In order to spark a conversation about Islamophobic attitudes present in the country,
MSU recently held an information seminar featuring Dalia Mogahed, the Director of Research at the Institute for Social Policy and Understanding, and presenter of multiple TED Talks focused around Middle Eastern issues. Held on Sept. 13, over 500 students, faculty members and local Bozeman residents attended.
Mogahed began with an explanation of her personal reasons for wearing her hijab. She denied the claim that it was oppressive, but instead was her personal “Feminist Declaration of Independence.” Mogahed said, “I decide who I want to share my body with,” and stated she didn’t want to be judged strictly on her outer appearance. After she described living in a time she called a “fog of fear,” the week of the 9/11 attacks, she shared an act of solidarity she saw at her mosque the Friday after the towers fell, which inspired her to start work confronting the “controversial but critical topic.”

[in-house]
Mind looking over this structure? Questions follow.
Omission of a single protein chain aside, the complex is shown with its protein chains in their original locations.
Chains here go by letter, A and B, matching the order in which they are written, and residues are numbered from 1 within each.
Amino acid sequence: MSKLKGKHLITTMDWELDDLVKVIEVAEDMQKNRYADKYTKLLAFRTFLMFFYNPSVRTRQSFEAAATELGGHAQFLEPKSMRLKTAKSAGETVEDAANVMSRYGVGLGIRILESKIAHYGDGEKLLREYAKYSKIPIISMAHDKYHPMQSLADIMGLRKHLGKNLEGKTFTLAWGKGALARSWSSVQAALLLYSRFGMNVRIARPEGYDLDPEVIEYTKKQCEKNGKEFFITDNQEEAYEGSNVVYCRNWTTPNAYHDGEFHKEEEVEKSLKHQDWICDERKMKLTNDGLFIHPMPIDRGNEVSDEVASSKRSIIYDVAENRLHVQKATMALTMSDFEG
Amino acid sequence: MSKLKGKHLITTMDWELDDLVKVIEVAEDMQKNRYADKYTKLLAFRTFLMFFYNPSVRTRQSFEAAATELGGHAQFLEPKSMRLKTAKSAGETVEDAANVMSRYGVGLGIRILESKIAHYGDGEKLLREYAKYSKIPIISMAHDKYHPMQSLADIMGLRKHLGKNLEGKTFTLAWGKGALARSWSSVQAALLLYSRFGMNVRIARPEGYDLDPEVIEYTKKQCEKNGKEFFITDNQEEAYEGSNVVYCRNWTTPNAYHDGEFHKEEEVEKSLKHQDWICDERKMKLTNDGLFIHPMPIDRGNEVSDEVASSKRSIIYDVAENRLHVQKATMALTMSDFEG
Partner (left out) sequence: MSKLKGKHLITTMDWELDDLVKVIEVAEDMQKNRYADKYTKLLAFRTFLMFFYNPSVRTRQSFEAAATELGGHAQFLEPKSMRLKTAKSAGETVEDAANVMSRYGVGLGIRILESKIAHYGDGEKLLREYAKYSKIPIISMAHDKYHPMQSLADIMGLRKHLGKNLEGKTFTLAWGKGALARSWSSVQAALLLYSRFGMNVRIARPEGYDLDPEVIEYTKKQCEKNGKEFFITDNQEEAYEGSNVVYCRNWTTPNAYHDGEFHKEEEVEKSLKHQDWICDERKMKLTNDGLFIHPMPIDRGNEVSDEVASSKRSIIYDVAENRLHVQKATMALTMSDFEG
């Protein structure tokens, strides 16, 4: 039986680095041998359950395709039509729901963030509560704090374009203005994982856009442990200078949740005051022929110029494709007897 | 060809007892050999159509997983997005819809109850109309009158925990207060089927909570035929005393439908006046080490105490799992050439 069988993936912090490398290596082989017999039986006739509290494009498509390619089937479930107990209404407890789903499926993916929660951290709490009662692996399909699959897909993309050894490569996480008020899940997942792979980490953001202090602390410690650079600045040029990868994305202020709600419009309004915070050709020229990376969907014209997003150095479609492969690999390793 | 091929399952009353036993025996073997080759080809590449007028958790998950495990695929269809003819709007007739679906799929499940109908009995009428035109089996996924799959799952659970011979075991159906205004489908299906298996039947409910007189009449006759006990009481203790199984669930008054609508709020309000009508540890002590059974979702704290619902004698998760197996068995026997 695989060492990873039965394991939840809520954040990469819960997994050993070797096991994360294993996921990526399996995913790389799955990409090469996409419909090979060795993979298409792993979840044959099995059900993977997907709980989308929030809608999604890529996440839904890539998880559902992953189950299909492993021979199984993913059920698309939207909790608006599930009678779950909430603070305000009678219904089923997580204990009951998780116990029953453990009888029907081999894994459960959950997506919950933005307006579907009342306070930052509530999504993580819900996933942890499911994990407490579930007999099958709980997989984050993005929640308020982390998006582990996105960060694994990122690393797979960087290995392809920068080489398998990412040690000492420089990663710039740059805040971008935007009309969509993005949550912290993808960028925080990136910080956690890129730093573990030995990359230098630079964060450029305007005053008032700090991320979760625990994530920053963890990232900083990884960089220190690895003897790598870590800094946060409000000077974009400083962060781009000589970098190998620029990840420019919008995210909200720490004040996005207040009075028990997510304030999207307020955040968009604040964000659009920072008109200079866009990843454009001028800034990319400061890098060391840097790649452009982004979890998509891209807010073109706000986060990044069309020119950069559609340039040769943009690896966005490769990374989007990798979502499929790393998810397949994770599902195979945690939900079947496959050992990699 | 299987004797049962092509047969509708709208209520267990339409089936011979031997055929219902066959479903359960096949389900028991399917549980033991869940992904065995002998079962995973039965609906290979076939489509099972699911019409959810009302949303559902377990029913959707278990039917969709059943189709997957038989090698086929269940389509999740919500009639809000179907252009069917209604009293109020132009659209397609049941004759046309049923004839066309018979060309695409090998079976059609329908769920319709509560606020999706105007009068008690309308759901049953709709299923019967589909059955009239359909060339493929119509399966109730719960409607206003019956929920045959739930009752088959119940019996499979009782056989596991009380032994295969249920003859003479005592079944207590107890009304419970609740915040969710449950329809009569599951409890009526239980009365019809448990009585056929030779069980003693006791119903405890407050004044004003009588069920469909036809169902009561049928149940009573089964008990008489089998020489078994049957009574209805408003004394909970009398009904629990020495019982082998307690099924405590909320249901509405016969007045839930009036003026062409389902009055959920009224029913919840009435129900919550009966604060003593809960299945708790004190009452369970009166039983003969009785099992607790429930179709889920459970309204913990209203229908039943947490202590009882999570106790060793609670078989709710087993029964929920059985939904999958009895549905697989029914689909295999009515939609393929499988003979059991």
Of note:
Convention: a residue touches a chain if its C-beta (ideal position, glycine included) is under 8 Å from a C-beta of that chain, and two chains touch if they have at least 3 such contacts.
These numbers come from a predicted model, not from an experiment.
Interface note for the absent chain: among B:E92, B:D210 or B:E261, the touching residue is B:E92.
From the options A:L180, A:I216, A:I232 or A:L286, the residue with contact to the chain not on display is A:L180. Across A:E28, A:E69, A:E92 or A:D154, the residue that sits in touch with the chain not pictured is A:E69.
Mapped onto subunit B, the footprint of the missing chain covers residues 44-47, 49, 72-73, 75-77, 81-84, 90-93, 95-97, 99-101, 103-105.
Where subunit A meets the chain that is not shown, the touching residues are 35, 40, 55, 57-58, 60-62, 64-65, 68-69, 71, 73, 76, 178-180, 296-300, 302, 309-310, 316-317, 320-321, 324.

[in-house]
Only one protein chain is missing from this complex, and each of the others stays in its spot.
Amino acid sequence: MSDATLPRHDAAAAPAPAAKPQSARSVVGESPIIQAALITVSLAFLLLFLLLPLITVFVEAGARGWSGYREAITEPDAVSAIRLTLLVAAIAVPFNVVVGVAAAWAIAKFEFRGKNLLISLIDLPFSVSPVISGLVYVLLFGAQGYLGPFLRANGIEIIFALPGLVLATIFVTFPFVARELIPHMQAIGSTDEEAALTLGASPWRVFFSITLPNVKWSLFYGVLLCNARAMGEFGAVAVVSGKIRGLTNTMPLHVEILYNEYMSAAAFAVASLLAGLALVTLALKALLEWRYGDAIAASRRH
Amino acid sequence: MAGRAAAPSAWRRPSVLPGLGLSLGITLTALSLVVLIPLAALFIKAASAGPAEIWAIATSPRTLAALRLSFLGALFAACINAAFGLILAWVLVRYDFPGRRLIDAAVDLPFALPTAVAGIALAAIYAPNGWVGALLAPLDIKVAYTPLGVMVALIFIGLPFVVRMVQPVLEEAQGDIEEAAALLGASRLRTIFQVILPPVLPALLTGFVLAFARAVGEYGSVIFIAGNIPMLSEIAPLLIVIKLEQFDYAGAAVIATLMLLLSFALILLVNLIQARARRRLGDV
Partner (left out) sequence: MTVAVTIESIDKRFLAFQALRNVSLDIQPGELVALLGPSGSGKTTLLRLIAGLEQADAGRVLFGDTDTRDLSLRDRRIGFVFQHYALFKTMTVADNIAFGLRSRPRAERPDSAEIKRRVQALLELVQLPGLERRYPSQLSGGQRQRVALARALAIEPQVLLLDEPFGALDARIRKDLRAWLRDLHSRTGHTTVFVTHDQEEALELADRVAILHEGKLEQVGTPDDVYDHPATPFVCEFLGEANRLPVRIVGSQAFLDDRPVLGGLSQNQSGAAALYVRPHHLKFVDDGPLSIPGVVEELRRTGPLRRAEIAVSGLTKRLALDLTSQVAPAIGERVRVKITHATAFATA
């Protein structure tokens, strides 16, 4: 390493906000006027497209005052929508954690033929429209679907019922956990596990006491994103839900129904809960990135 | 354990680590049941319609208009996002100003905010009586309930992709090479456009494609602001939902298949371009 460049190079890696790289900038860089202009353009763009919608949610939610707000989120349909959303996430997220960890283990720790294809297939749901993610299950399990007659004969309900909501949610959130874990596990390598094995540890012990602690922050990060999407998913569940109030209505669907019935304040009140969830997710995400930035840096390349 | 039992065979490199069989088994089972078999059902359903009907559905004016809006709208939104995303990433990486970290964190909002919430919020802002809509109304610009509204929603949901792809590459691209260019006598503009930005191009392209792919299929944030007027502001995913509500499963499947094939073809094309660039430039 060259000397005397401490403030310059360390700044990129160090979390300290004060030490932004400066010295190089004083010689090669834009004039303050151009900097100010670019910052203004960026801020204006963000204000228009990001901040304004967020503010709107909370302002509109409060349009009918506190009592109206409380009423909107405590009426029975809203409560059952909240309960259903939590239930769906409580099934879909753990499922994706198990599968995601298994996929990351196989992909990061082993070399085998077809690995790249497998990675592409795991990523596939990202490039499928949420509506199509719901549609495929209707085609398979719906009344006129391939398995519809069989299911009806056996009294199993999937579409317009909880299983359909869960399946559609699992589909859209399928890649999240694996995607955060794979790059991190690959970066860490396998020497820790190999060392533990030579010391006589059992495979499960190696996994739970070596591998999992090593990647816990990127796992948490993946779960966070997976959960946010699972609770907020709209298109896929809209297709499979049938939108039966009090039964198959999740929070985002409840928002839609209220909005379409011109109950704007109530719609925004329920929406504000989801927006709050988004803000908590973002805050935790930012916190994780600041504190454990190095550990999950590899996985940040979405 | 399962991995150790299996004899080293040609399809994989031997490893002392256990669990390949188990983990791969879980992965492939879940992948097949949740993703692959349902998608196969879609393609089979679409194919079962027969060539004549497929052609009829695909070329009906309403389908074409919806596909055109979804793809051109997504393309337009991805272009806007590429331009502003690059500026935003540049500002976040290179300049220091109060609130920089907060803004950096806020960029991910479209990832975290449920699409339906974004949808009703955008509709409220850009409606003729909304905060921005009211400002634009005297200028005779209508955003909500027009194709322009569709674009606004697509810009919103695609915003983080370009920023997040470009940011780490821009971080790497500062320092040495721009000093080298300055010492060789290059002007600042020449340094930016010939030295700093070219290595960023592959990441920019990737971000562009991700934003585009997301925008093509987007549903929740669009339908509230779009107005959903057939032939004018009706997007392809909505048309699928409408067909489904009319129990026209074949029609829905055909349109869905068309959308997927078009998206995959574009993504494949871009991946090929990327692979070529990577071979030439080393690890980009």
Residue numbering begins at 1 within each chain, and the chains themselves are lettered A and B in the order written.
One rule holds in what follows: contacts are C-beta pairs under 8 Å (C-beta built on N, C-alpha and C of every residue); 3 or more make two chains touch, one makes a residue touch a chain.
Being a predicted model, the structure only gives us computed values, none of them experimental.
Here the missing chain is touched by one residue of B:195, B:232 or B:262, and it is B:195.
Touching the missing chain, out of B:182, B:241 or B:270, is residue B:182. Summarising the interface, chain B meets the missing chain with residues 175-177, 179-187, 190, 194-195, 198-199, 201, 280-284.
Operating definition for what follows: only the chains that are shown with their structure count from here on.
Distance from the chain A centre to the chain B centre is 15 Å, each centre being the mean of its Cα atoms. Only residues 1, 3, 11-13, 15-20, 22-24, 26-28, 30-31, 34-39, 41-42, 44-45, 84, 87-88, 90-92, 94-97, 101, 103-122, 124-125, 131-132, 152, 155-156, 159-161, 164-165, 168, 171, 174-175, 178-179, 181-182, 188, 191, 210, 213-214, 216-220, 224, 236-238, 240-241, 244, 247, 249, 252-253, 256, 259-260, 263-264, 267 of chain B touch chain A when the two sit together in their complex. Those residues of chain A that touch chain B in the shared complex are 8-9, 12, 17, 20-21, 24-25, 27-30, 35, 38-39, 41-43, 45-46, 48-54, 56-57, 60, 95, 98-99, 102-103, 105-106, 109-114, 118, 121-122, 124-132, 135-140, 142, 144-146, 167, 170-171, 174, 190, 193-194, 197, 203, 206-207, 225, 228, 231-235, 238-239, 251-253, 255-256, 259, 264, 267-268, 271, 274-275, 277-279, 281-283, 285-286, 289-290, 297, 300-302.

Mogahed likened the situation Islamophobia creates to a canary in a coal mine. She claimed Muslims are unfortunately bearing the front of the “misinformation campaign,” similar to a canary first affected by gas in a mine. Mogahed’s presentation covered a wide variety of topics including when and how Islamophobic rhetoric began in the United States, which she shows was heightened by the entrance into the Iraq War and the 2008 and 2012 elections, instead of 9/11. Mogahed explained the roles of domestic political groups, describing how anti-Islamic groups spent over $205 million on political ads efforts from 2008-13, and unfair coverage in the media, explaining attacks by Muslims are disproportionately covered. Mogahed also showed statistics about the problems Muslim communities face, explaining how they are the most highly targeted group for religious discrimination and studies showing that Islamophobia strengthens terrorists’ claims. Mogahed also presented studies showing that there is a correlation between being both a practicing Muslim and a devoted American.
The entire theme of the event was that education combats fear. “We need to replace fear with facts,” Mogahed told those in attendance. “Call out bias in the media, recognize contributions made by Muslim communities and most importantly, be active in decisions made by going out to vote.” Her last slide was a Thomas Jefferson quote which read, “The cornerstone of democracy rests on the foundation of an educated electorate.”